Doug Hastie of (Chanui fame) was in Morocco last January so insisted that we have a look at their tea customs in this week’s blog.
In Doug’s words:
Yeah, we went to this lovely Airbnb in Casablanca and the lady showing us around the apartment made us tea. We all sat around a table as she heated the water, steeped the tea and mint then frothed the tea up by pouring it back and forth into the cup a few times.
It was great! She did everything with so much care and attention and the tea was nice. Extremely sweet.
Go get your teapot of happiness and let’s steep ourselves in the aromatic brews of Morocco.
Mint, sugar, green tea
Maghrebi mint tea is traditionally served as a blend of gunpowder green tea, sugar, and mint leaves.
It’s enjoyed like this throughout the Western Arabic world but is widely believed to have started in Morocco before being introduced to Egypt, Algeria, Tunisia, Libya, and the nomadic tribes of the Sahara.
Morocco’s relationship with tea is closely linked to its colonial history - a recurring theme throughout this series of blogs.
We’ll touch on it briefly but if you’re interested in learning more, this dissertation on Morocco and it’s tea is an excellent place to learn how the interplay between war, commerce, local produce and ancient customs coalesce into the Maghrebi mint tea tradition.
Sweetening the Pot: A History of Tea and Sugar in Morocco, 1850-1960 by Graham Hough Cornwell
British traders brought tea to Morocco in the mid 1800s when finding alternative markets due to the disruption caused by the Crimean War.
Moroccan people have a long history of making herbal infusions and took to the practice of tea drinking quickly and enthusiastically. Caffeine has a habit of taking hold!
Gunpowder tea - a green tea so called because tightly rolled tea leaves resembled pelleted gunpowder for cannons - is preferred for its robust flavour and bitterness which can stand up to blending with other flavours.
The leaves of the native spearmint ‘naʿnāʿ’ are typically used when making tea. It’s considered the best variety of mint to use but other varieties like flio (peppermint) is often used.
In the colder months, mint is sometimes replaced with shiba (wormwood) and no one would look at your funny for adding oregano, chamomile or basil. This variation can happen throughout the course of a day with people enjoying more savoury warming herbs in the morning and the more cooling mint as the day warms up.
As you might expect from a culture consuming an unfathomable amount of mint, Moroccans consider mint to have its own ‘terroir’ with the mint growing around the city of Meknes known for having the purest and sweetest flavour.
During World War 1 the French requisitioning authorities started paying high prices for soft wheat, incentivising local farmers to sell their produce in colonial markets where they could make more money. This made it difficult for most people to get hold of food staples like wheat as prices went up and the wealthy started hoarding resources.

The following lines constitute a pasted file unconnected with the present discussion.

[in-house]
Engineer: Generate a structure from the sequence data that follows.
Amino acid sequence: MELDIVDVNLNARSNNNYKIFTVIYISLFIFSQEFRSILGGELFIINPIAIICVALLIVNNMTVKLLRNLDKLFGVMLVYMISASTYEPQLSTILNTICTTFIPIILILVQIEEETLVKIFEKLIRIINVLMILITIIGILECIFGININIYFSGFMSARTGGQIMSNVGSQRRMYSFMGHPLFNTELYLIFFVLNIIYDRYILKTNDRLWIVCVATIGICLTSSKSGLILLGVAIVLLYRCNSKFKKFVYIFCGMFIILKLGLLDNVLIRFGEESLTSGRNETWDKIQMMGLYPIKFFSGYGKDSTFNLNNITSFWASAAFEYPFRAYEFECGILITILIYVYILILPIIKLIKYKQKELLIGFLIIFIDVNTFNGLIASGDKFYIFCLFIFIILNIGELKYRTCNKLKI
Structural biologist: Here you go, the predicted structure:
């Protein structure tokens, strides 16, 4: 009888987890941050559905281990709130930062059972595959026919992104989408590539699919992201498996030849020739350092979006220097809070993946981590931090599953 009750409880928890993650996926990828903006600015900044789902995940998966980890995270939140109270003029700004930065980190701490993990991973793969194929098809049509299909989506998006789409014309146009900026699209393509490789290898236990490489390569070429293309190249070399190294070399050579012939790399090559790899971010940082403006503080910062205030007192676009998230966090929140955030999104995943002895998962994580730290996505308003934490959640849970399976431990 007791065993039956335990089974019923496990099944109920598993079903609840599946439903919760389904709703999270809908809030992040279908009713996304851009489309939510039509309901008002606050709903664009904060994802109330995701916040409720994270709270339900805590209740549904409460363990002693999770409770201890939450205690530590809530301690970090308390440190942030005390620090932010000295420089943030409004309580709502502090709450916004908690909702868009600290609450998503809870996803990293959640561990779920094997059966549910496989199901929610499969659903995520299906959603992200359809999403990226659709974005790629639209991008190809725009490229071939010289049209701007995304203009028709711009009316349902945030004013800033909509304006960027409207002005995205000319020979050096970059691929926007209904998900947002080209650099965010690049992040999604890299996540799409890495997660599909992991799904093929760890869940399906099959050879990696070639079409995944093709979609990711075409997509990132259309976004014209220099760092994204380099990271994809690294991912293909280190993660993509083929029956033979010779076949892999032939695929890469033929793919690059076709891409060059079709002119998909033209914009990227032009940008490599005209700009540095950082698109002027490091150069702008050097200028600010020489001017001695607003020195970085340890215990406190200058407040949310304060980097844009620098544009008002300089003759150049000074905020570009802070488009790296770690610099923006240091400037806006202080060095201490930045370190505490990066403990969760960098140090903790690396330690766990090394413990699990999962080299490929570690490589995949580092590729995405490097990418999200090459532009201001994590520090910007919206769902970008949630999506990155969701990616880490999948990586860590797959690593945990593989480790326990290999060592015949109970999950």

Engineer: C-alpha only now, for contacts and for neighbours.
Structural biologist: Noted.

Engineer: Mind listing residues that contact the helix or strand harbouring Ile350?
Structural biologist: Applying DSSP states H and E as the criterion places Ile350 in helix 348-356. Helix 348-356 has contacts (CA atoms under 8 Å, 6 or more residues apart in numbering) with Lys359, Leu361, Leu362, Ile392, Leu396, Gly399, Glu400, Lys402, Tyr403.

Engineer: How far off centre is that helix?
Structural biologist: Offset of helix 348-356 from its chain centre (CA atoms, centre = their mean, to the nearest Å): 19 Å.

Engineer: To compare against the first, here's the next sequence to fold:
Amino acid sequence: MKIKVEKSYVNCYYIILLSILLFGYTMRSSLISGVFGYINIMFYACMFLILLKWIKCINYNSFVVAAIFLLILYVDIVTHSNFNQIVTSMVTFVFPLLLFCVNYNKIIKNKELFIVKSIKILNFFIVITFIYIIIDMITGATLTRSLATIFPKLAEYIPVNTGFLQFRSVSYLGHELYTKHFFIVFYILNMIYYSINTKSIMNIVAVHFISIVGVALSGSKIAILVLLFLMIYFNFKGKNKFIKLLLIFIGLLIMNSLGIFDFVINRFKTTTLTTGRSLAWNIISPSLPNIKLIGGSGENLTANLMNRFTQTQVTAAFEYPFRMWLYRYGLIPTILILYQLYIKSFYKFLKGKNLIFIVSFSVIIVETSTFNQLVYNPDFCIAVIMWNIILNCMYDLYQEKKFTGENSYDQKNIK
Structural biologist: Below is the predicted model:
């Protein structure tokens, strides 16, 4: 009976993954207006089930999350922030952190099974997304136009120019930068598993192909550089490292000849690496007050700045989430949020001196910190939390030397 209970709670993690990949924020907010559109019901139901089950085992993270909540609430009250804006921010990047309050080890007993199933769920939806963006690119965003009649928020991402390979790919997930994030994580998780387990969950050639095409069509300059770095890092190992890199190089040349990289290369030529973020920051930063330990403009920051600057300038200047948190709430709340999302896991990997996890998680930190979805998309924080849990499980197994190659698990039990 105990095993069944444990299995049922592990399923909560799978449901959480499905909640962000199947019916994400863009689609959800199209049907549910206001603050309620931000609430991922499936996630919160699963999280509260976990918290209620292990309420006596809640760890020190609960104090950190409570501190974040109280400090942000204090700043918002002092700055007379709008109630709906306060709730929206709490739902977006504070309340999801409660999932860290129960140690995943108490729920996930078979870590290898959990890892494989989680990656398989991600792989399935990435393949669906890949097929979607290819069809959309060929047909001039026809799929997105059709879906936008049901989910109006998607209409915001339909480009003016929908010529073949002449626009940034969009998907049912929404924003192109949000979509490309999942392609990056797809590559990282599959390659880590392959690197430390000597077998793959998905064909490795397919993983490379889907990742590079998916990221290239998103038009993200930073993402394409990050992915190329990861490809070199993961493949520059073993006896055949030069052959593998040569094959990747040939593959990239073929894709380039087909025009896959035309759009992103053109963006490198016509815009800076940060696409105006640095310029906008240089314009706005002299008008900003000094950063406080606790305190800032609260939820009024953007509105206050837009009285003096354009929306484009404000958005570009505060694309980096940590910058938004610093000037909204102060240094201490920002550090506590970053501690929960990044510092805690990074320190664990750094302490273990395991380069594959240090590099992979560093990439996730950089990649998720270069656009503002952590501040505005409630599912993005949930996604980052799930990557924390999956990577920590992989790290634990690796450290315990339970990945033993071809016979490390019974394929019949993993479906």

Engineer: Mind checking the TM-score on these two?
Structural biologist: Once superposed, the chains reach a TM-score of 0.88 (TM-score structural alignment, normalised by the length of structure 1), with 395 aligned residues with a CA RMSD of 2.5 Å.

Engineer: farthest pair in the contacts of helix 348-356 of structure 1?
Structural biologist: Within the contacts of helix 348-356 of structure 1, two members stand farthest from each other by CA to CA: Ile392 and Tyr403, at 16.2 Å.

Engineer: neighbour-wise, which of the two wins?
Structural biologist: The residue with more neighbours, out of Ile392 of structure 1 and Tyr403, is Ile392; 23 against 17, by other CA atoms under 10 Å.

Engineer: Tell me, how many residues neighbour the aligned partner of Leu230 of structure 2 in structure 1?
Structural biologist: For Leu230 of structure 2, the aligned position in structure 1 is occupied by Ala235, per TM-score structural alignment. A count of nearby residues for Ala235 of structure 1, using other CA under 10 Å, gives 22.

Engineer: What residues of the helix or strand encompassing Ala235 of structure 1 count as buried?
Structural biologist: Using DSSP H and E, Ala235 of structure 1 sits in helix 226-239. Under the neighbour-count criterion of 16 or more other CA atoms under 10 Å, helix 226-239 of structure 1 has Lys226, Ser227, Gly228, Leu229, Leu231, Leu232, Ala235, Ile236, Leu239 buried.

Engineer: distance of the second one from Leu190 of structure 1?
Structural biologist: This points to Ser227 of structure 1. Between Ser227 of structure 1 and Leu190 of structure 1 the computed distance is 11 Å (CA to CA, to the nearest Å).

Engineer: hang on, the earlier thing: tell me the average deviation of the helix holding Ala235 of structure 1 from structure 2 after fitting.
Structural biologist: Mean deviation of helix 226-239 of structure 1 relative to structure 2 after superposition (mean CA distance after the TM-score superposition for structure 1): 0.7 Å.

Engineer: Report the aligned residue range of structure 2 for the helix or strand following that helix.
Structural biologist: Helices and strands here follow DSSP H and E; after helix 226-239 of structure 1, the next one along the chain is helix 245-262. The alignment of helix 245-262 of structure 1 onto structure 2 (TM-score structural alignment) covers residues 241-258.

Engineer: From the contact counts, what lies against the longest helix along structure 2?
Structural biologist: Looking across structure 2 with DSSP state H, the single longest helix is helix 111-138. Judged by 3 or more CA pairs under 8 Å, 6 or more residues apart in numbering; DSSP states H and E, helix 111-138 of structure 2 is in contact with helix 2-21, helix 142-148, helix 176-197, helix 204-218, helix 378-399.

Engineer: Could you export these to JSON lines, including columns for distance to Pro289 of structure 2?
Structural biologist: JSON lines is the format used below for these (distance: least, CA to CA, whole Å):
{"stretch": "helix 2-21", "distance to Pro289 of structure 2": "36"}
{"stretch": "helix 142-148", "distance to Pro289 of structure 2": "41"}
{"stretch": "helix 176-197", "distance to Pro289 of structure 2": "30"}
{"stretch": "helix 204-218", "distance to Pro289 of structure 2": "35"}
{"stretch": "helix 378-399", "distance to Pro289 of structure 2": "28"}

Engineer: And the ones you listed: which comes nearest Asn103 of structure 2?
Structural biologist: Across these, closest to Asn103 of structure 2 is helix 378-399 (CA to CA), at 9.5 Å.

Meanwhile, refined sugar imports from French manufacturers continued relatively uninterrupted, making it a more affordable commodity for local people.
The sugar provided some relief in terms of calories lost due to bad harvests or export demands and, goes some way to explain the prevalence of drinking very sweet tea.
Sugar and tea came to symbolise the rapid economic, social, and political changes experienced by Morocco during the war.
Among urban populations, partaking in the tea ceremony became a symbol of status and savoir faire, while among rural farmers it was a way to emulate the urban class they both envied and resented.
Graham Hough Cornwell
Moroccan tea is traditionally prepared using an ornate silver or steel teapot called a berrad. This loosely translates into "teapot of happiness” which is just lovely.
It involves multiple washing and extraction steps before adding a lot of mint and sugar. It’s then taken back up to the boil before pouring multiple times to dissolve the sugar (don’t use a spoon for goodness sake), aerate the drink and to cool the tea down to drinking temp.
This video is the best one we found in researching this post.
Probably the most interesting nugget of Moroccan whiskey culture is the height from which the tea is poured. The higher the pour, the higher esteem your host holds you in. There are some pretty impressive examples of this on YouTube if you’re in the mood.
Don’t turn it down
Accepting at least one round of tea is considered polite, and refusing tea can be seen as impolite unless there is a valid reason.
This deeply engrained tradition of hospitality may or may not have been weaponised by savvy salespeople at Jemaa el-Fna Square in Marrakech!
If you think this might be the case, make sure you show appreciation of the gesture of hospitality while turning them down politely.
Is customary to serve three rounds of tea, each with its own significance:
The first glass is as gentle as life,
the second is as strong as love,
the third is as bitter as death
Served in glasses
Even if you go for tea on your own, it’s likely that you’ll be given two glasses as a sign of Moroccan hospitality and more proof that tea is something to be shared. A lovely little nod to the universal language of tea.
Moroccan tea is a delicious break from what many of us are used to when it comes to enjoying tea. The bitterness of gunpowder green pairs so well with the amount of sugar added. Not unlike Japanese green tea flavoured Wagashi.
The flavour of mint is also greatly enhanced in the presence of sugar and the whole thing comes together for something more substantial than your regular cup of tea.
We’re off to give this a try with our Organic green and see if it lives up to the standards set by Doug’s holiday host.
Until next time.